Format: Paperback Verified Purchase
This is a marvelous book. It is very well researched and excellently written. As Professor Knight points out there are quite a few biographies of Nelson in circulation, but I would wager that none of them is as well researched and written as this one.
Following his life into his early career, it becomes quite obvious that Nelson is a gifted commander, exceptionally good at handling his men, a rather independent subordinate and a failure in the art of diplomacy. It amazes that Nelson still managed to reach high command. His snubbing of George III cannot have been a good career move in a patronage system. His independence as a subordinate must have been a pain in the neck for any commanding officer. There is plenty of evidence in Knight's book, that Nelson more often than not achieved just that. But his sheer brilliance at command saved him his skin with his superiors more than once. That his private life comes under so much scrutiny must surely be a result of his heroic status. Then again, one would think that there should be more subtle ways of handling these affairs, but I suppose Nelson's shortcomings diplomacy-wise didn't help him there.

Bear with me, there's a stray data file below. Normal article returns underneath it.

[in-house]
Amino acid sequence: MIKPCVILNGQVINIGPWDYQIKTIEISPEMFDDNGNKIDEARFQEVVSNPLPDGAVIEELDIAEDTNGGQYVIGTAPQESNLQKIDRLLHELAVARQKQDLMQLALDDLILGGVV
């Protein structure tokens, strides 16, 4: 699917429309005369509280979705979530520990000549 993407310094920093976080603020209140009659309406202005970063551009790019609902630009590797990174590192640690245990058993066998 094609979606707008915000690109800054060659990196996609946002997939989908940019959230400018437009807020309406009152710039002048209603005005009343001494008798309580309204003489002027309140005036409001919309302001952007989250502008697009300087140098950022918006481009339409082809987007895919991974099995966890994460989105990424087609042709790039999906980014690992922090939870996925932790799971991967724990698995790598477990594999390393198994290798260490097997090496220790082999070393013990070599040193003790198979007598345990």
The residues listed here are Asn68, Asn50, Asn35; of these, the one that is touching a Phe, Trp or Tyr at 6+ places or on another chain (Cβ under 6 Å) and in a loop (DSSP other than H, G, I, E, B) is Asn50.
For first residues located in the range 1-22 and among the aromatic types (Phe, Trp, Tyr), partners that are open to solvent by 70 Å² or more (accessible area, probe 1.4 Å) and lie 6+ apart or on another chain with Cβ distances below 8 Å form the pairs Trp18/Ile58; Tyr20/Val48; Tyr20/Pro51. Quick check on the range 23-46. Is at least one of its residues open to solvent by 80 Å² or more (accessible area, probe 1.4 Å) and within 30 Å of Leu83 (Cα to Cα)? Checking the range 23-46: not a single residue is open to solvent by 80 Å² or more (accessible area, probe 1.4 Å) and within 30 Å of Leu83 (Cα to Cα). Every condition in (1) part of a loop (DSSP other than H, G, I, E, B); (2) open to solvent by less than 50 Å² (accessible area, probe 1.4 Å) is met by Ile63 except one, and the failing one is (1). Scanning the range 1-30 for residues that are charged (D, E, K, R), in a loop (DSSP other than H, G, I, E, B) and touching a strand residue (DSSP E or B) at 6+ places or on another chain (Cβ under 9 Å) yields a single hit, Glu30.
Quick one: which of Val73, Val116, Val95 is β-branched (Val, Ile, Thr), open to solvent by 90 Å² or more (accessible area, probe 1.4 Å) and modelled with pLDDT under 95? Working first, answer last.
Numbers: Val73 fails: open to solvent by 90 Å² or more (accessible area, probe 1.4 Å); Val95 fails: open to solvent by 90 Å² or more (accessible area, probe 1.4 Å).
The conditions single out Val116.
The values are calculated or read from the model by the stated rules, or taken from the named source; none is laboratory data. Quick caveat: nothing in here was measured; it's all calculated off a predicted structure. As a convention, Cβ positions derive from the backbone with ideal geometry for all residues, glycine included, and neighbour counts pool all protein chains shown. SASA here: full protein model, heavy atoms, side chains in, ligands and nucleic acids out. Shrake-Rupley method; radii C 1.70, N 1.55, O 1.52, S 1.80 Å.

What I found particularly useful at the end of the book were the biographical sketches of virtually everyone in some naval and other position during Nelson's life.
I read this book virtually in one go (over 4 or 5 days). I found it a real page turner and whilst some reviewers have noted some typos and misprints, I don't think this diminishes the book in any significant way.
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35 of 37 people found the following review helpful By A Customer on 6 Jan. 2006